Metal Element: A Time of Reaping and Reflection

This afternoon I spent a few hours in the garden heeling in some potted rose bushes, mulching others with a layer of sodden leaves. The odd branch from our surrounding birch trees wave with a few lingering leaves, yellow against the lead gray sky. I stop to watch them and am hit with my own melancholic wave. I am letting go of all that was abundant throughout the year as I continue my preparations for winter.

I learn from Cheri Reidy that autumn is the season of the Metal Element in Chinese Medicine. A time associated with the emotion of grief. There is also great potential in this period of lose. It is possible to mine the nuggets, just as trees are transformed into austere beauty,  I too can let go of what I no longer need so that I can see what is precious in my life.



Metal Element
Colour: white
Season: Autumn
Environment: Dry
Emotion: Grief
Organs: Lungs & Large Intestines


I resonate with poet and philosopher, Mark Nepo in times of grief. His book, ‘Seven Thousand Ways To Listen’ was a companion when I did not know which way to go.  His words encouraged me to go inward, for it is there I can recognize what feels sacred in my life.

It’s as if what is unbreakable
the very pulse of life—waits for
everything else to be torn away,
and then in the bareness that
only silence and suffering and
great love can expose, it dares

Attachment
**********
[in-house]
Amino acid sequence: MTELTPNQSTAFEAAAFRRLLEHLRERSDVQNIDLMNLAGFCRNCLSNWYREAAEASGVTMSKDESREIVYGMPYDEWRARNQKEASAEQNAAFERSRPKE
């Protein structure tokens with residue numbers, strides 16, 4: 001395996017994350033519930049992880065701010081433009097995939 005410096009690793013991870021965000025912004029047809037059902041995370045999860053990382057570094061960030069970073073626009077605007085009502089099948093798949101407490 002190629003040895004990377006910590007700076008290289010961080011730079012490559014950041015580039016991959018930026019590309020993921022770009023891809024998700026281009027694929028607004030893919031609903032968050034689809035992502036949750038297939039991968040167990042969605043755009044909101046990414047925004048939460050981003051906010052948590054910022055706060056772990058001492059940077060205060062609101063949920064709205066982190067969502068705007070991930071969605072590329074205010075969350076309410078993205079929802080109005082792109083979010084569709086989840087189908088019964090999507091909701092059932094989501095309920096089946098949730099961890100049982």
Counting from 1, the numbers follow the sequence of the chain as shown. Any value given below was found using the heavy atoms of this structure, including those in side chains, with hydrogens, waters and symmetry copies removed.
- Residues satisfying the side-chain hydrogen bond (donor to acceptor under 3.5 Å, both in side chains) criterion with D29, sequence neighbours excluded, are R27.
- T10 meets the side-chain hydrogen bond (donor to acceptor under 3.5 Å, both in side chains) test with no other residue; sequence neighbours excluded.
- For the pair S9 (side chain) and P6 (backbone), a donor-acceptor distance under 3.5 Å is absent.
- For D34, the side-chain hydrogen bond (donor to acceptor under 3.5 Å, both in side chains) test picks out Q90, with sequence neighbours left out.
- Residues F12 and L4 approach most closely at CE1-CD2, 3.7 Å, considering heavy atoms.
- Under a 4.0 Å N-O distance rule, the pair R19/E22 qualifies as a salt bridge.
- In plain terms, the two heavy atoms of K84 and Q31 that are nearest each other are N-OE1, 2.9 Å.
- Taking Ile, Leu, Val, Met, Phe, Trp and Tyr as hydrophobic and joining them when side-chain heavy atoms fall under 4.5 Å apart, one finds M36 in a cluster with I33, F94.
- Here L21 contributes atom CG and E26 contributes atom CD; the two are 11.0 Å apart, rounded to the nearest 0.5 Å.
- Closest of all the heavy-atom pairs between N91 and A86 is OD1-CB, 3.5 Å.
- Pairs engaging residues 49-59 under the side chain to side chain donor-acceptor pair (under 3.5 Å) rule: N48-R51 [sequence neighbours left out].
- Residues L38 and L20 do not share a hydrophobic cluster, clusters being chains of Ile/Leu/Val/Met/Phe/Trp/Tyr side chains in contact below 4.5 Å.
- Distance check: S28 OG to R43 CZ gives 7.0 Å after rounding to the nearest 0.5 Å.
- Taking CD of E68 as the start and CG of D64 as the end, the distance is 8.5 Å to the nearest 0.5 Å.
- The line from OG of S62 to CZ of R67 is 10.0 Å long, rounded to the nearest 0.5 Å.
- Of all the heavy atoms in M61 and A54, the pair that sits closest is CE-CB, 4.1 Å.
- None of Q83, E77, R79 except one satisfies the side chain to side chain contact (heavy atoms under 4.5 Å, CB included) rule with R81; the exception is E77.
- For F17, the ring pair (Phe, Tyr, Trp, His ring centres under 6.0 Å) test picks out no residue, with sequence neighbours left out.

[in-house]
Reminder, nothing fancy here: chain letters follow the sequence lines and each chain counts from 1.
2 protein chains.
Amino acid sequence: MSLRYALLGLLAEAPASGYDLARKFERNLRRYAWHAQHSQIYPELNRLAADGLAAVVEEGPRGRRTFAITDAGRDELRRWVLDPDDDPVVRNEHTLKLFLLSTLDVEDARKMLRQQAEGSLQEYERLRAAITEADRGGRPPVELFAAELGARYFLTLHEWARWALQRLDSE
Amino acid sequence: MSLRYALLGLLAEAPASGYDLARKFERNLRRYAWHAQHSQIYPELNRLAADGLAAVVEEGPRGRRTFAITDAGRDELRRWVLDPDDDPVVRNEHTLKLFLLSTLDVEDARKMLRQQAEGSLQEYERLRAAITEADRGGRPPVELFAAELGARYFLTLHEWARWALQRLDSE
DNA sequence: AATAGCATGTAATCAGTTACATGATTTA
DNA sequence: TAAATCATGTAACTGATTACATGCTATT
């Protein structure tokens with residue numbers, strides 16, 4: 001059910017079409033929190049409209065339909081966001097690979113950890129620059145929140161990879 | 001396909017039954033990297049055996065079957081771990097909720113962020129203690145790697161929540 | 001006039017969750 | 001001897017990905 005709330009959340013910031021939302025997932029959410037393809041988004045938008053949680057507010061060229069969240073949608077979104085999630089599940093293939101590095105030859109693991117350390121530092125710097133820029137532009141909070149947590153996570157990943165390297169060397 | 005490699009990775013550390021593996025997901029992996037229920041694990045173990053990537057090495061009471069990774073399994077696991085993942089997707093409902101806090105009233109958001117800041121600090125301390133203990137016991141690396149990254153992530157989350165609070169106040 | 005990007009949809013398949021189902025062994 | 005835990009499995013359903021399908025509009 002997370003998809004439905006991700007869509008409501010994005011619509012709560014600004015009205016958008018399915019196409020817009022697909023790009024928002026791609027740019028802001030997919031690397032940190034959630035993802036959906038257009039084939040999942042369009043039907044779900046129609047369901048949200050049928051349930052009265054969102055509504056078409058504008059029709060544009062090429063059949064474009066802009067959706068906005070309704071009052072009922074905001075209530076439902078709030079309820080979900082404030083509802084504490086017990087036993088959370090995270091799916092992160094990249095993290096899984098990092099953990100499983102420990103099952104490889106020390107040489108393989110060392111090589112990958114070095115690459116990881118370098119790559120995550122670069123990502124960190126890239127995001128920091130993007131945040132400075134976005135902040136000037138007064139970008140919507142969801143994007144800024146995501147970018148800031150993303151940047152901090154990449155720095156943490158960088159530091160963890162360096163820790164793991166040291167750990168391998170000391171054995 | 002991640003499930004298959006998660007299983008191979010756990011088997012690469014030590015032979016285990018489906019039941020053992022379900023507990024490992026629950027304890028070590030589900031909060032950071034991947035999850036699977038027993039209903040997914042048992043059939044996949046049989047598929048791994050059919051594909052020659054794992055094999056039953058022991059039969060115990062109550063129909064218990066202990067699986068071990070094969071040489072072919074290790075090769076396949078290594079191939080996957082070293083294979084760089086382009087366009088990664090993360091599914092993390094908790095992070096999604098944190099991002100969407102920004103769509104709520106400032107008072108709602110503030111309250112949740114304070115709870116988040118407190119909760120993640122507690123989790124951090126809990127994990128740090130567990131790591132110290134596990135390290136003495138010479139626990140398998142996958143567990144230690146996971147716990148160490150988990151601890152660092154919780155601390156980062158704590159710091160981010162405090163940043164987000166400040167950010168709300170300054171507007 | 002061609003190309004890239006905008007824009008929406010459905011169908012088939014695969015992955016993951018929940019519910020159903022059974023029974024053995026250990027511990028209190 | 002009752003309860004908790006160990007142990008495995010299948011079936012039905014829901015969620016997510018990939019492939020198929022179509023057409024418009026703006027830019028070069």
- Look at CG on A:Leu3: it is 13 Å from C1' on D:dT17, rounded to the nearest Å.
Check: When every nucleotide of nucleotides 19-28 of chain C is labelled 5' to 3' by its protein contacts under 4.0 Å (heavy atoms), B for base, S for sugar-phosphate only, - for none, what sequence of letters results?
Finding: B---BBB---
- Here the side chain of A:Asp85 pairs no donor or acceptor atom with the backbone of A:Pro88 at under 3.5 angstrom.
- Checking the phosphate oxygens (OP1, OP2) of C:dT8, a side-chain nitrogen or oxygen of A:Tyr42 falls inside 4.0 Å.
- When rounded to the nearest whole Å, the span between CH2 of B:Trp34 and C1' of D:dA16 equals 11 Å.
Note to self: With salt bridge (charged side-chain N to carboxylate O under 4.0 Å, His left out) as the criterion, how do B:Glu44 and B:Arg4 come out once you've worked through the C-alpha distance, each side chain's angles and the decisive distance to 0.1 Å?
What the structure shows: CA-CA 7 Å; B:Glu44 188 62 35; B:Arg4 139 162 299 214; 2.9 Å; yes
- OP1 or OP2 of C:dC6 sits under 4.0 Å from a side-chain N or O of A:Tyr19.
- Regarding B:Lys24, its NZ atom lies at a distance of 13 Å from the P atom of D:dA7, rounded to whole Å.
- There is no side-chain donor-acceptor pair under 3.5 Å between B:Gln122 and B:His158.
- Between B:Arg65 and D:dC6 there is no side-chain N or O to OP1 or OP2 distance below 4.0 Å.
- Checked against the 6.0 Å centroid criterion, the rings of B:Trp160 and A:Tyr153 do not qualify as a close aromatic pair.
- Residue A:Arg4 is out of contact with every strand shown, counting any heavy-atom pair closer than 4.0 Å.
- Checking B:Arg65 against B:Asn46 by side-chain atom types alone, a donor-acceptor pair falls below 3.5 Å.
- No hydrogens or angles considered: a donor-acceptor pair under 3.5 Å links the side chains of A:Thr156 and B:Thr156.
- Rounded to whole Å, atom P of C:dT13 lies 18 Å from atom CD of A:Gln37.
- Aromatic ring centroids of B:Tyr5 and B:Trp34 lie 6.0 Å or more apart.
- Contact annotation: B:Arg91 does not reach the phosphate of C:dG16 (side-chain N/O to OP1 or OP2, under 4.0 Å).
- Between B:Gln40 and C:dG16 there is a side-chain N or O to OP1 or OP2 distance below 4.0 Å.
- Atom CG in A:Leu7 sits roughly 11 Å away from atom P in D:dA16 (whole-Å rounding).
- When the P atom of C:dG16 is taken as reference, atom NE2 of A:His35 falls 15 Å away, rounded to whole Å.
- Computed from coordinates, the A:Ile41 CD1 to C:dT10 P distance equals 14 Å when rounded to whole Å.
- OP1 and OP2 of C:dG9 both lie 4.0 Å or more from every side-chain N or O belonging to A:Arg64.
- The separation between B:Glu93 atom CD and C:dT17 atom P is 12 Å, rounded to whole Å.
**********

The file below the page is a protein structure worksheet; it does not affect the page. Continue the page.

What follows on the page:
to speak through us and to us.

It seems to say, if you want to last,
hold on to nothing. If you want
to know love, let in everything.
If you want to feel the presence
of everything, stop counting the
things that break along the way.
— Mark Nepo



About Joan Conway

My artistic passions are poetry and collage. But I am curious human, always exploring new mediums, new opportunities for creative expressions.
This entry was posted in Collage, Poetry and tagged , , , . Bookmark the permalink.

2 Responses to Metal Element: A Time of Reaping and Reflection

  1. Leslie says:

    Beautiful collage and post, Joan. Mark Nepo’s poem reminds me of the paradox T. S. Eliot wrote about in the second of his Four Quartets (East Coker):

    To arrive where you are, to get from where you are not,
    You must go by a way wherein there is no ecstasy.
    In order to arrive at what you do not know
    You must go by a way which is the way of ignorance.
    In order to possess what you do not possess
    You must go by the way of dispossession.
    In order to arrive at what you are not
    You must go through the way in which you are not.
    And what you do not know is the only thing you know
    And what you own is what you do not own
    And where you are is where you are not.

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